Second, use a professional printer/lab.  If you are serious about your work then I certainly suggest that you use a "professional" printer rather than the 1-hour photo labs.  Why?  Because professional printers take a vested interest in ensuring that your prints are the best they can be when they leave their location.  I use Bayphoto for all my printing needs.  They are capable of printing on just about any type of material (luster, gloss, metal, canvas, etc) and to just about any size you want.  Mpix has also gotten great reviews from many professional photographers. 

However you choose to print make sure that the print lives up to your standards as an artist!


Sunday, June 20, 2010

The Approaching Storm

Just recently the family and I took a quick trip down to Key West where I thought I would do the typical thing of attending the Sunset Festival with the family. This was anything but typical. When we arrived there were plenty of clouds and bright blue sky to give me hope. I just knew it would be a great sunset. When you are waiting on something like the sun to set time seems to almost stand still. There is no rushing the sun....after all it was put into motion a long time ago and no matter our best efforts it still sets when it sets. Dark clouds began to roll in at a distance and I just knew it was going to "destroy" my idea of a sun set. I started clicking off a few shots and it was not long before I realized that nature was planning a not so typical ending to the day. Needless to say I had a great time with the family and a not so typical sunset photograph.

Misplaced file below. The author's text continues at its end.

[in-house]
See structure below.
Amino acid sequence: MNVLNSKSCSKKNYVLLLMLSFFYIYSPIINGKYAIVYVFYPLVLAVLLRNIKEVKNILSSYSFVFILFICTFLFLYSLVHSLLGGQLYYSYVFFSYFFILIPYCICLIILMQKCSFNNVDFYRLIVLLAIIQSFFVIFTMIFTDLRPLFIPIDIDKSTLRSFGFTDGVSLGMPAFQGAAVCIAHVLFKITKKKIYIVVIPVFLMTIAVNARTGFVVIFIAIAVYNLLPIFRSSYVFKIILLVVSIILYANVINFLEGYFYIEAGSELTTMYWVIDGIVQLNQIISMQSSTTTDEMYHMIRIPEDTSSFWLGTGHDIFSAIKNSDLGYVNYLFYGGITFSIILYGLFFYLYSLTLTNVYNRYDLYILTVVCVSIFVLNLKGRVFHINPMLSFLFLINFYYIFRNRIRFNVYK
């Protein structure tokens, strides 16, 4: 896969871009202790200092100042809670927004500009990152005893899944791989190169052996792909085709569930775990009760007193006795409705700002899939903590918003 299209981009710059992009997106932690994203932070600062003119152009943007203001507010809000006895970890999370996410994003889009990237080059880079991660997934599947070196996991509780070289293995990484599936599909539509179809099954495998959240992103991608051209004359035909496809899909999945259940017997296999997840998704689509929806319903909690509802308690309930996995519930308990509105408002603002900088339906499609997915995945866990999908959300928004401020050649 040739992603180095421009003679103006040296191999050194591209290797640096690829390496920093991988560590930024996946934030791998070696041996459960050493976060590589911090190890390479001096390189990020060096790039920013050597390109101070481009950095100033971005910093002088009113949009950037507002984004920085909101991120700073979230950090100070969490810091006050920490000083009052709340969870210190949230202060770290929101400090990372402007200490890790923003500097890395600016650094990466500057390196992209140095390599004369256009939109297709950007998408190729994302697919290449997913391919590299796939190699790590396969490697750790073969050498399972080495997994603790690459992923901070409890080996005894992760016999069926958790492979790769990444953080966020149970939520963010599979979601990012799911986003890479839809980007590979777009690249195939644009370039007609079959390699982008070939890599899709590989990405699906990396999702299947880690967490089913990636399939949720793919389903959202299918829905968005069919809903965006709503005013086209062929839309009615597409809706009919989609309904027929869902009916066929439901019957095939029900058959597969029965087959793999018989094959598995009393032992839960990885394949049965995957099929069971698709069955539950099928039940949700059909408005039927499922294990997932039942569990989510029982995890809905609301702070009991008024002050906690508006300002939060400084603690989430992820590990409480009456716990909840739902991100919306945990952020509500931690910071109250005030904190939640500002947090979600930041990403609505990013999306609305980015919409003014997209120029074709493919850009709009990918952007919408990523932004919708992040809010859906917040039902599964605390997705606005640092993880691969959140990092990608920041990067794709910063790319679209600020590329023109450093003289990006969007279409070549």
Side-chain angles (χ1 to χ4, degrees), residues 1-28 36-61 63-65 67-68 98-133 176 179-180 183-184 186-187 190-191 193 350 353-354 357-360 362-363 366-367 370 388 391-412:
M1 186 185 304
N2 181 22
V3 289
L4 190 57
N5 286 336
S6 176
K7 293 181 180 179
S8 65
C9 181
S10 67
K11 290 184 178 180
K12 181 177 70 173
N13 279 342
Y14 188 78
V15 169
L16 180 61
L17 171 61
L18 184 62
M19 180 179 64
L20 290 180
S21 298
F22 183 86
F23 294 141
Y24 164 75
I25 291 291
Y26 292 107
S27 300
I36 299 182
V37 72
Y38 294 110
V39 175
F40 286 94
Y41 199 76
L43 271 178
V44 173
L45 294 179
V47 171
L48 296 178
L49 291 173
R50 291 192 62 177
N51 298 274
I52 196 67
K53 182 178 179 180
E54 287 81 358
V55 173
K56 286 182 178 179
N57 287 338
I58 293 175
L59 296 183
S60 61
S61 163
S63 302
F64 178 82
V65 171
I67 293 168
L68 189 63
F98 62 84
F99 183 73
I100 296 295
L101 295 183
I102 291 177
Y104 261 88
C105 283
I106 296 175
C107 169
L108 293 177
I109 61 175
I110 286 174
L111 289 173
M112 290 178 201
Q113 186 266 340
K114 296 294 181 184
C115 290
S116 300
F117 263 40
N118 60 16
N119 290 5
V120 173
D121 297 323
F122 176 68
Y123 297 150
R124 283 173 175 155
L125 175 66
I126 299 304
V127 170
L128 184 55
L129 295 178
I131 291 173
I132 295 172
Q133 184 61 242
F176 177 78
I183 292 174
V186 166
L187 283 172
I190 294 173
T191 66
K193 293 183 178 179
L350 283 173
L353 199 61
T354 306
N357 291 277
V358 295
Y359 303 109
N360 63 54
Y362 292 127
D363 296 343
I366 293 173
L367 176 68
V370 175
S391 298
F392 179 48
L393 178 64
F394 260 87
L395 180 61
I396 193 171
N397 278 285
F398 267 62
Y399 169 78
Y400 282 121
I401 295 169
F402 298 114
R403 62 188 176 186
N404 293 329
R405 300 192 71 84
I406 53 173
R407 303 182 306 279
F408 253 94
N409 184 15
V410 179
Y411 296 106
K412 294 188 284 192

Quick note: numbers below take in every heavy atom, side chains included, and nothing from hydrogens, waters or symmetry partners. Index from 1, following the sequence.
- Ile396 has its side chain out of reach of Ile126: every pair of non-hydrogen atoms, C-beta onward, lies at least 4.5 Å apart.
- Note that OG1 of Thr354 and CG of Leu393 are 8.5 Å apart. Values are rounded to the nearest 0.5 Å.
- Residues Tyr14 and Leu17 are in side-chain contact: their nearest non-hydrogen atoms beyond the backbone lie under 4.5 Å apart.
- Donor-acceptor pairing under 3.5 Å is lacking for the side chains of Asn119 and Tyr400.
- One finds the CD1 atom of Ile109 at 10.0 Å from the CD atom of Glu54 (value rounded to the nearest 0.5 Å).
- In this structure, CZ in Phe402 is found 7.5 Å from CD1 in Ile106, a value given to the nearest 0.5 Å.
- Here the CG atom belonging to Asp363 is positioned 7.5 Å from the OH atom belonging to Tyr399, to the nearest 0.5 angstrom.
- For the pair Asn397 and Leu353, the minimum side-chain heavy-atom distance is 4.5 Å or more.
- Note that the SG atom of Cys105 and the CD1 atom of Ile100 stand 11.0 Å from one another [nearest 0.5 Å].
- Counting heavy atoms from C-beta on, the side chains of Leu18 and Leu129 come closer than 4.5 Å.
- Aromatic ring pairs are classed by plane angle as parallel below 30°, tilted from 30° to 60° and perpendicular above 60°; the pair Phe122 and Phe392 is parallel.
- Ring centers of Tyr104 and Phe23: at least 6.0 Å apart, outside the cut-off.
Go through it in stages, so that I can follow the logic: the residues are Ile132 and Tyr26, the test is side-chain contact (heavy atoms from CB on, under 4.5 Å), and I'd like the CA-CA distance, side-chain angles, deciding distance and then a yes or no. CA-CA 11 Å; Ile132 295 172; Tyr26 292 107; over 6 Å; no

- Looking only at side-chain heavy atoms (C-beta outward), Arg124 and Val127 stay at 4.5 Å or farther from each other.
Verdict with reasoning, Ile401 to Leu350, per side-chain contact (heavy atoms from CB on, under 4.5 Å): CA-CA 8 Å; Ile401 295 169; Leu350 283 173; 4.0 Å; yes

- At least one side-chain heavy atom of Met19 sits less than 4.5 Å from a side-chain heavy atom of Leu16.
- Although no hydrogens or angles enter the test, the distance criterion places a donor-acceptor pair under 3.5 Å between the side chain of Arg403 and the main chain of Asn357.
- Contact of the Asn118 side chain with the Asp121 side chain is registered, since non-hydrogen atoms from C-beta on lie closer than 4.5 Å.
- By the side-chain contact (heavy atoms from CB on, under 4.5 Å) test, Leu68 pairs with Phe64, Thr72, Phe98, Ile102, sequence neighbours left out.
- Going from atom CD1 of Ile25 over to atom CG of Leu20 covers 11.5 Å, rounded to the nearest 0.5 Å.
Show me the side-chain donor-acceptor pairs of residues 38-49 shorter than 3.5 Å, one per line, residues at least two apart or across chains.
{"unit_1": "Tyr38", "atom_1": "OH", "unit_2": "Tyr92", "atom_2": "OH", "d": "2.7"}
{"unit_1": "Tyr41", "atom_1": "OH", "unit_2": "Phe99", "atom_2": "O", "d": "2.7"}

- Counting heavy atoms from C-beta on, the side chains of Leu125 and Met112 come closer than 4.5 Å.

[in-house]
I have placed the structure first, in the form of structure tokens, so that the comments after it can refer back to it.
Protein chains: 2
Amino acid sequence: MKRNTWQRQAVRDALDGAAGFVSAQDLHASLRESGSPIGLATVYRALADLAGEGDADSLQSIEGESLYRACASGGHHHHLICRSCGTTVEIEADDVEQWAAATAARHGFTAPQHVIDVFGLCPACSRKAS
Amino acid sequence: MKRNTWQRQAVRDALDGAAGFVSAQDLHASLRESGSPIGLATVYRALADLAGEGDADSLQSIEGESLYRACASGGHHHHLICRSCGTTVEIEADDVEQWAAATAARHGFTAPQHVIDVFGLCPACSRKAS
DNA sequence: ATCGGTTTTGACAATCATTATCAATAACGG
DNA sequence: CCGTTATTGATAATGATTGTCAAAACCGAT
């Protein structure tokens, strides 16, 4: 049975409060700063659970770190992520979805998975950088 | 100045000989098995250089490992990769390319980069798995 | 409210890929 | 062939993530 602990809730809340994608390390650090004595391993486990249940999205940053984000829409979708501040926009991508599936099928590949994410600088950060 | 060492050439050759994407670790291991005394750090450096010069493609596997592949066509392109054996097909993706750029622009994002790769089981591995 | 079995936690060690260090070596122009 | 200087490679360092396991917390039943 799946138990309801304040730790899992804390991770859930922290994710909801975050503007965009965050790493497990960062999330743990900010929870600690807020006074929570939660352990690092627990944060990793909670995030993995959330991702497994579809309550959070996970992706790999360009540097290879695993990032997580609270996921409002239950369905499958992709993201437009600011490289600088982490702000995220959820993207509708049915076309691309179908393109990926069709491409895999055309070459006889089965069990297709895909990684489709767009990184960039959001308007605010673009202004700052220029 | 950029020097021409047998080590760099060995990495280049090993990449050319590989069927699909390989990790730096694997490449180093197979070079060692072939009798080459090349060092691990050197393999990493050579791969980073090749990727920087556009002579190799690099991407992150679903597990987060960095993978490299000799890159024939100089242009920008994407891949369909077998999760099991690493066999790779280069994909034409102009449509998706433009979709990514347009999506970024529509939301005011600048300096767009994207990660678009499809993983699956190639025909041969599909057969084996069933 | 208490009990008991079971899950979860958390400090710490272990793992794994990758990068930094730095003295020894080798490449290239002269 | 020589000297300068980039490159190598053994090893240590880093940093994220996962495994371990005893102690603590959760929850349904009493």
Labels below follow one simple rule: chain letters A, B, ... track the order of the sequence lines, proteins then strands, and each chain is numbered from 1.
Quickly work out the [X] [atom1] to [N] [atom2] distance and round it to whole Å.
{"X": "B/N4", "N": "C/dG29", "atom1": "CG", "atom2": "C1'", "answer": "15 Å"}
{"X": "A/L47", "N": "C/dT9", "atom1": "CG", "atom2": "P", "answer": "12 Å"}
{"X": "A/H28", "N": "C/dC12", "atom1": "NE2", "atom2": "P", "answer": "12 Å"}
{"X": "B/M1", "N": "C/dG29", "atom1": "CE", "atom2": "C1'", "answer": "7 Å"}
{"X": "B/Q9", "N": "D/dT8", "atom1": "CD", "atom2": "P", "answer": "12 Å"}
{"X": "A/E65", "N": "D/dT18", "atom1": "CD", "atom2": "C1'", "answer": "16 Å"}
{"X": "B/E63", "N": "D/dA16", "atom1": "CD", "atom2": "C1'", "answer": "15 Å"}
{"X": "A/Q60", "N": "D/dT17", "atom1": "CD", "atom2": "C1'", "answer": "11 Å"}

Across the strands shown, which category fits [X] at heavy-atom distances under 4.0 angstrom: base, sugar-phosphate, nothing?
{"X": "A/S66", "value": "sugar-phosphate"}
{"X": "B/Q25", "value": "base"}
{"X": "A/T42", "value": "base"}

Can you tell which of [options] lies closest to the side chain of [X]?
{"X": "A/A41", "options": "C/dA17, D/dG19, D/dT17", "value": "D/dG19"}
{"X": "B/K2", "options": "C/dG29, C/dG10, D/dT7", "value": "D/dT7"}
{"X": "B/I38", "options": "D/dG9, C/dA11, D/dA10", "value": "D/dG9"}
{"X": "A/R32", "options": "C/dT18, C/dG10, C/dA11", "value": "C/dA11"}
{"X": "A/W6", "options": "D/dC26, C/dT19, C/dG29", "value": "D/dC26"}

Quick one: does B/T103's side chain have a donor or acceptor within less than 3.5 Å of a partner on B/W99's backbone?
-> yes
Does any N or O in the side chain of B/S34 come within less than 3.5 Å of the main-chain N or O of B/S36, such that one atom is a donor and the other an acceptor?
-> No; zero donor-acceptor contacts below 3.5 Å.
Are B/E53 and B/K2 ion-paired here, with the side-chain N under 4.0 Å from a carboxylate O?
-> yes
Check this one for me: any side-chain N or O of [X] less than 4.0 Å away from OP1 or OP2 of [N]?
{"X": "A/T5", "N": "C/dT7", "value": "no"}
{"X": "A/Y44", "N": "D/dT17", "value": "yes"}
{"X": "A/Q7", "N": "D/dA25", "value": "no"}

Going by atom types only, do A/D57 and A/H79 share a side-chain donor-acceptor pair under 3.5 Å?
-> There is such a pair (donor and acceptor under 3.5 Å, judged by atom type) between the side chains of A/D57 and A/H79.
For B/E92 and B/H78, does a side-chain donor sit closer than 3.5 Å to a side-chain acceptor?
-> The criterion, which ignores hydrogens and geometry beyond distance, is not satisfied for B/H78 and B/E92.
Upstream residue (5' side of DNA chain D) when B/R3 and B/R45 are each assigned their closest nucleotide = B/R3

Prints available at starting at $50.00

Thursday, June 17, 2010

Right Place, Right Time

Sometimes it is about be in the right place at the right time. You can plan all you want but there are times when the weather is just not going to cooperate or some unforeseen issue arises. Then, there are times when you just randomly make that decision to go take some photographs and it is perfect. Really, it can be hit or miss. Check out the image below as an example. My wife and I had decided to go to a local air show where of course I took my camera. The mid field was crowded and while that is where a good amount of the air show took place we decided to head down to the end of the runway. It was vacant which was great for me. Well, it so happened that the “Heritage” fly over from the P-51 and F-15 made its turn exactly where I was standing. Better yet they passed right in front of some dark clouds being backlit by the sun. The entire trip was worth it for this shot.